The reserve system, premised as it is on the notion of native rights, is a bureaucratic, fiscal, jurisdictional, legal, intellectual and sociological abortion that does nothing save waste mountains of money, breed corruption, black marketeering and poverty, encourage tax evasion (e.g., cigarettes), instill in the native community a vile sense of identity based on “blood” and breed racism in the Canadian society at large. If politicians and the media want to accept this as Canada's historical cross to bear, so be it. However, it is high time both acknowledge that the problem is intractable so long as the only possible solution, viz., the abolition of native rights and the Indian Act and privatization of reserve lands, remains legally untenable.


Anonymous said...

"The tragedy at Attawapiskat was not only predictable it was planned. The current government has promoted an ideological solution to the 'Indian problem' ever since the Conservative's incubation as the Reform Party. Their strategy needs a tipping point to convince the Canadian public that it is the only, and more importantly the final, solution. If it not Kashechewan or Attawapiskat, it will be some other community taken to the depth of despair. The plan is to dissolve Reserve communities through offering them up as private property to individual band members and turning Bands into municipalities. One more step away from the legal titles and rights protected under Section 35 of the Canadian Constitution and one more step toward complete economic and social chaos in Indian country."

Your comments regarding taxes, more specifically income taxes and your simplistic view that Aboriginals interests would be best served simply by creation of incentives to leave Reserves, require significantly more research.

Koby said...

Nothing says simplistic and stupid like you referencing a passage that speaks of a "final solution". Your insistence that the communal tenor of isolated utterly economically unviable northern reserves be maintained no matter what amounts to call to save native culture screw the natives. So long as Attawapiskt and other like communities are kept alive by government monies, generation after generation will be condemned to a life of poverty. This situation predates the Reform party by decades.

Anonymous said...

If Koby is the author of this blog, and I'm assuming that to be true given the response offered, then I once again suggest some serious research before offering more opinions on this matter.

Your not so subtle inferences suggesting Aboriginals interests would be best served simply by creating incentives to leave Reserves, are truly indicative of a simplistic approach to a final solution.

Read the statistics regarding percentage of Aboriginals living off Reserve, employment statistics, poverty conditions etc.

Then brush up on income tax regulations as well. You will be surprised how far from the truth commonly foisted propaganda really is.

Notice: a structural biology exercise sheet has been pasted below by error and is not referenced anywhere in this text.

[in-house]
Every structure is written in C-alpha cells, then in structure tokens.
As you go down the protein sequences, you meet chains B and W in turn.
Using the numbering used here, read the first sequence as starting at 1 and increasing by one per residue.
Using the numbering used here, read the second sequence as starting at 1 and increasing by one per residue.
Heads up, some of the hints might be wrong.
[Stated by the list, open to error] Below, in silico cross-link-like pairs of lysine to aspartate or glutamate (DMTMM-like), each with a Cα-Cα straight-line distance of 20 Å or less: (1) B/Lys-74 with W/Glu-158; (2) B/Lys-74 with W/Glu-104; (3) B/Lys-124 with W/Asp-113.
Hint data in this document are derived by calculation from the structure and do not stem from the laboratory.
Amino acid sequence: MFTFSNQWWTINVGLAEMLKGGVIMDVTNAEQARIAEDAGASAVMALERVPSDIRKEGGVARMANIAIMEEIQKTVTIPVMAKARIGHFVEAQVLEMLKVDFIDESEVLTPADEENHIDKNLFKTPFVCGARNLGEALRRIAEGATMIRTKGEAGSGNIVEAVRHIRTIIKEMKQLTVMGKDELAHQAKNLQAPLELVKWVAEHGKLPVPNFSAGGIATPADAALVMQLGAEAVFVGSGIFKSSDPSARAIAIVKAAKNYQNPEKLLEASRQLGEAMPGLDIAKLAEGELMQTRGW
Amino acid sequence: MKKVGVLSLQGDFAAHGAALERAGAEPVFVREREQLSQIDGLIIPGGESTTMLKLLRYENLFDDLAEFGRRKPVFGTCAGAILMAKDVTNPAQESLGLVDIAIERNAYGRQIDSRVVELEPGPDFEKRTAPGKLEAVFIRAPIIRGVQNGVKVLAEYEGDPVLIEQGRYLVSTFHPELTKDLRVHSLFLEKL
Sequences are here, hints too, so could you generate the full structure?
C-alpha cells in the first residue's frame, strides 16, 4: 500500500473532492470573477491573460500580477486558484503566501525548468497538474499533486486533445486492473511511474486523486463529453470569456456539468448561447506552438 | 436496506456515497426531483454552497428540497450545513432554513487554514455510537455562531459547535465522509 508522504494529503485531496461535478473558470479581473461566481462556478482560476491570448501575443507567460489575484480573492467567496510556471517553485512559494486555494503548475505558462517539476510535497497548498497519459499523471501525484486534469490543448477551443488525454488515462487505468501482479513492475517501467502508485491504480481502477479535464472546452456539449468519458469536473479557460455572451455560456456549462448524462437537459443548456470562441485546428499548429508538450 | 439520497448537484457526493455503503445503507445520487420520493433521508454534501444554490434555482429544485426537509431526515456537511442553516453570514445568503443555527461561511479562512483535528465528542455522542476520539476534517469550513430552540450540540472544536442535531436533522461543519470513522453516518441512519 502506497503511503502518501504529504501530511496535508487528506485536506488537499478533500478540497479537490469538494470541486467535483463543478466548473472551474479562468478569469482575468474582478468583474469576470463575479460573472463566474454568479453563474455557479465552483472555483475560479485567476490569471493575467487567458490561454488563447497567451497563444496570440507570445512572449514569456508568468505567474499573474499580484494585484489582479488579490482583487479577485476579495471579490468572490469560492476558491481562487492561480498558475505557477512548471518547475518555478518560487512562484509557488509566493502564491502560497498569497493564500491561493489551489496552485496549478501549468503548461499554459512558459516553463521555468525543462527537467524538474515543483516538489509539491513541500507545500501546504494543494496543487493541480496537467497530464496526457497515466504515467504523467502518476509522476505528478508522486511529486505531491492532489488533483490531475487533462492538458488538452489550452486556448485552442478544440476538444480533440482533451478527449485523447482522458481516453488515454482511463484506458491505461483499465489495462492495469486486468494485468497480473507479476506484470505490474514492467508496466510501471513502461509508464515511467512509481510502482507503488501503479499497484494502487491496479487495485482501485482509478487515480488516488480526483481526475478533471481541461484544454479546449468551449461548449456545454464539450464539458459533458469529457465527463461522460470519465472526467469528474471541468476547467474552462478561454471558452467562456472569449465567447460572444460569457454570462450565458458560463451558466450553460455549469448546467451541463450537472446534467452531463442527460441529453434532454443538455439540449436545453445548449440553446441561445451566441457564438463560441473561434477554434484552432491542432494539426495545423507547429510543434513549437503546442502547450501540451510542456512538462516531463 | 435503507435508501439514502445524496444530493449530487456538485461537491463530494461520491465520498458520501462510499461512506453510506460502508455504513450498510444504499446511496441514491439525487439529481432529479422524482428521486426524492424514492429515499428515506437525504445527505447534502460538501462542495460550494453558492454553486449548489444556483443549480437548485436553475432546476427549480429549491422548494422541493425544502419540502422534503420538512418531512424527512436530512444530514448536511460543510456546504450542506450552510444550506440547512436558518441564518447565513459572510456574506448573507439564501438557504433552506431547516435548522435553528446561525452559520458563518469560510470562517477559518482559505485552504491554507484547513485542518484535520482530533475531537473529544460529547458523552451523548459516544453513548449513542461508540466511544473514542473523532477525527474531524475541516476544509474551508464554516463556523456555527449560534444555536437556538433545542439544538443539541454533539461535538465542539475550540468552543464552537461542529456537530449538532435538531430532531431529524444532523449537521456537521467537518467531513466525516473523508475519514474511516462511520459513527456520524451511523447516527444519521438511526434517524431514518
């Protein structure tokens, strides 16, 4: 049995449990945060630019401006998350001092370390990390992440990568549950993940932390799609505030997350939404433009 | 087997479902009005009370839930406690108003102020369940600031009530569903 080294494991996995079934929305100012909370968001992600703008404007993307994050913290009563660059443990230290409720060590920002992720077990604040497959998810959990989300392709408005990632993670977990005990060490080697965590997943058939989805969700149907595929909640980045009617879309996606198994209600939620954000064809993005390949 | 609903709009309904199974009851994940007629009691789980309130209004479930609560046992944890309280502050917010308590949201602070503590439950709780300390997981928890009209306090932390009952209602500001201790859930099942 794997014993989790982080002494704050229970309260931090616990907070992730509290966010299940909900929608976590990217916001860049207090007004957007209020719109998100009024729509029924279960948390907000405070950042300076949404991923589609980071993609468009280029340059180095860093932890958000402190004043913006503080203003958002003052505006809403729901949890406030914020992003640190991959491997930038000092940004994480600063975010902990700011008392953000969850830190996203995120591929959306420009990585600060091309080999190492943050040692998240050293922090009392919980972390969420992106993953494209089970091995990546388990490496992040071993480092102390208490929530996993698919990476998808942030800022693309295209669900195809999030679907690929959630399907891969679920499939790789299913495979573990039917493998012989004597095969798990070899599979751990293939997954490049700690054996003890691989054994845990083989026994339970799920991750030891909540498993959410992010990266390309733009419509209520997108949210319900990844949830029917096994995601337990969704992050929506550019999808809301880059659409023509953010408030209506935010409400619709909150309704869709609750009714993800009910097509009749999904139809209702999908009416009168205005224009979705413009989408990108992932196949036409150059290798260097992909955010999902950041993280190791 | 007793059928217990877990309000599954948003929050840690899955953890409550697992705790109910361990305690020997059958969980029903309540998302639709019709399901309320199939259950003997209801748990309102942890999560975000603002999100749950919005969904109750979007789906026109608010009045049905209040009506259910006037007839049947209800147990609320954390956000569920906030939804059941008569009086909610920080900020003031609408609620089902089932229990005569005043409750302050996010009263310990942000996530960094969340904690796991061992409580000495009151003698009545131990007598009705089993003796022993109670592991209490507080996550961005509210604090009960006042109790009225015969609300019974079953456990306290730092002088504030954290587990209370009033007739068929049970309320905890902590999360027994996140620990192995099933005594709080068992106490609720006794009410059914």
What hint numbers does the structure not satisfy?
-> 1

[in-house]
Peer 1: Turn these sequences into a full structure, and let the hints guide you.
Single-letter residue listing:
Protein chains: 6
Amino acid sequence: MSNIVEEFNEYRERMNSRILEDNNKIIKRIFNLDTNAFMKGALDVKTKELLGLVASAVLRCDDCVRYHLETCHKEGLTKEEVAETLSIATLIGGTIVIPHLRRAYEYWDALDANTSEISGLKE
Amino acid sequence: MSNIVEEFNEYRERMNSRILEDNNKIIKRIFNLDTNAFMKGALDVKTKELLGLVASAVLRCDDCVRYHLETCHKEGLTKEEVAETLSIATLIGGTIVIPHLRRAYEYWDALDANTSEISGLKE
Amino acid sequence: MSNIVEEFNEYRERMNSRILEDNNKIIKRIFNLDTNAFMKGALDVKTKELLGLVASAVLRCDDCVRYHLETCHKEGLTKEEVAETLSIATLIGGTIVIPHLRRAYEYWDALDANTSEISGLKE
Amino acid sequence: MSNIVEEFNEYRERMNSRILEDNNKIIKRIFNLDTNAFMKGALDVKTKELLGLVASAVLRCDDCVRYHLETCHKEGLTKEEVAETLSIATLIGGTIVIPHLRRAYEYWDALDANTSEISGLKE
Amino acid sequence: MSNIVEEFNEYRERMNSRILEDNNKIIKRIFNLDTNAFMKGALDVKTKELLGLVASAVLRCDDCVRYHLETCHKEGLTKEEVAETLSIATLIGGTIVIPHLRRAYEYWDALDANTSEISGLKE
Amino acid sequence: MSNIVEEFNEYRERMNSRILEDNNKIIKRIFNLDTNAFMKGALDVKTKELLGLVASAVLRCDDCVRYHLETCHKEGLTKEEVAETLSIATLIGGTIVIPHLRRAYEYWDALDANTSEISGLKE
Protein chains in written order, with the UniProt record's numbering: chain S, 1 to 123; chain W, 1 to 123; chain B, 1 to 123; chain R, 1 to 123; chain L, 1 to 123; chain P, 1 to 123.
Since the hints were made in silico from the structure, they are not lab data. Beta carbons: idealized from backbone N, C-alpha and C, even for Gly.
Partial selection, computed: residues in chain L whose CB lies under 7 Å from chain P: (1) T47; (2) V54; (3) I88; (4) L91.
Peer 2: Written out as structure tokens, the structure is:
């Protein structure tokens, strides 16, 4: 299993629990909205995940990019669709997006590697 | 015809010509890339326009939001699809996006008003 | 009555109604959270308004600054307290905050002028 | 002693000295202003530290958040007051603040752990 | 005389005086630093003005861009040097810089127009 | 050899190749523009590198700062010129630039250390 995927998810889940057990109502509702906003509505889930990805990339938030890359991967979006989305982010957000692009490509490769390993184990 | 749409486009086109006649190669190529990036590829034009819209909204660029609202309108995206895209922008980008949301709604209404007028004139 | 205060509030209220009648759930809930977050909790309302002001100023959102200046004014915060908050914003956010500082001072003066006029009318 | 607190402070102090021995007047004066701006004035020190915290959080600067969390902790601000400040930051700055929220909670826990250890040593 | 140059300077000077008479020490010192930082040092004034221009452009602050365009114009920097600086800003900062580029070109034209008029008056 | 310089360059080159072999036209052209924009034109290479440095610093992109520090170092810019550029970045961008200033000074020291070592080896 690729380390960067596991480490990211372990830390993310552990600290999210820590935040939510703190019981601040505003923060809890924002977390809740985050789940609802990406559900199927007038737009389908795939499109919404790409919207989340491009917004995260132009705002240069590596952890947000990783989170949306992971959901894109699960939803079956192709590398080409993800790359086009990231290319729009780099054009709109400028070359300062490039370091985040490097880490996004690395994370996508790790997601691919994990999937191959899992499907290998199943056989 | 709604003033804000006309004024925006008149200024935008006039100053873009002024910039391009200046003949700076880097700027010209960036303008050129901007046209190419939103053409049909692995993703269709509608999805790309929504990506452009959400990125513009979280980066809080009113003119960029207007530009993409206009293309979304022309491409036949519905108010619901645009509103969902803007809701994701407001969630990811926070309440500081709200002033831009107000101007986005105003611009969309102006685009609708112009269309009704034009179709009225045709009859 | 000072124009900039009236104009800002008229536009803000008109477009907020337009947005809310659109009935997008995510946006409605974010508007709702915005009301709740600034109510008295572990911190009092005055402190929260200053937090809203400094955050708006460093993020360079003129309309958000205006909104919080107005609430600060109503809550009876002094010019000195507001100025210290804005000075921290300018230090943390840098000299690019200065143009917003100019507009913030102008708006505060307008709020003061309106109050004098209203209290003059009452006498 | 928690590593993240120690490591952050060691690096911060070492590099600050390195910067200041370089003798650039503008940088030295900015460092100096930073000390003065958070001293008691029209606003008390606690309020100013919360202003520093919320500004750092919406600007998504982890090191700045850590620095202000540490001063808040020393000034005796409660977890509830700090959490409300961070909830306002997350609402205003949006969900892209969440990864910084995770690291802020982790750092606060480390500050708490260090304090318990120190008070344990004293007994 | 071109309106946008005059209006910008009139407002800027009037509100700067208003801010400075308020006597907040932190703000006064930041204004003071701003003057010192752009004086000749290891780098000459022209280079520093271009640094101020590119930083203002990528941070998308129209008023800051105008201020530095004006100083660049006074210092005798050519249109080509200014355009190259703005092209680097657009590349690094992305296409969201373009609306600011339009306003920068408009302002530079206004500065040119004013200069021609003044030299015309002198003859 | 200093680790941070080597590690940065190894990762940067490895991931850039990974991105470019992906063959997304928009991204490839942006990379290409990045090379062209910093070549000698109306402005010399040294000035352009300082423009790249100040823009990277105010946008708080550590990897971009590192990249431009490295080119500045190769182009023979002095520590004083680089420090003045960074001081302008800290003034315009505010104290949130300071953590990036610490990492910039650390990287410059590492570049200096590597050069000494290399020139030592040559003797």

Koby said...

"brush up on income tax regulations as well."

My bad. I was mislead by an article I read in the Finical post. I was under the misimpression that all status Indians living on reserves paid no income tax. The income has to be “situated on a reserve” and derived from actions that are an “integral part” of the reserve. It is good to see that Canada's tax policy with regard to Status Indians living on reserves is not as insane as the Court's initial decision to count income as personal property.

"Aboriginals interests would be best served simply by creating incentives to leave Reserves,

There is a reason why I ignored you the first time. This is what I said. "This will give the people living in Attawapiskat and like communities additional economic incentives to leave." Stick to the text.

"are truly indicative of a simplistic approach to a final solution."

I once again I suggest some serious research into Hitler's Final Solution before comparing a plan to turn band councils into municipal councils -- the horror -- to a plan to kill all of Europe's Jews.

"Read the statistics regarding percentage of Aboriginals living off Reserve, employment statistics, poverty conditions etc."'

I have. Status Indians living off reserves do better than those living on reserves and those living on isolated northern reserves do worst of all.

Anonymous said...

So post the sources you base your opinions on, regarding Status Indians living off reserves doing better than those living on reserves. Charts, percentages and credible sources work well.

For the sake of considering the bigger picture, you could also include non Status Indians. That should indicate the depth of your research.

Koby said...

Not only are these figures well known, they have been all over the news recently.

The gap income gap between those Status Indians living on reserve vs those living off reserves is huge. In terms of median income, it is just under $6000 a year. Furthermore, whereas median income for those living off reserves has increased markably since 1995, median income for those living on reserves is stagnet.

Now, when it comes to non-status natives they do best of all.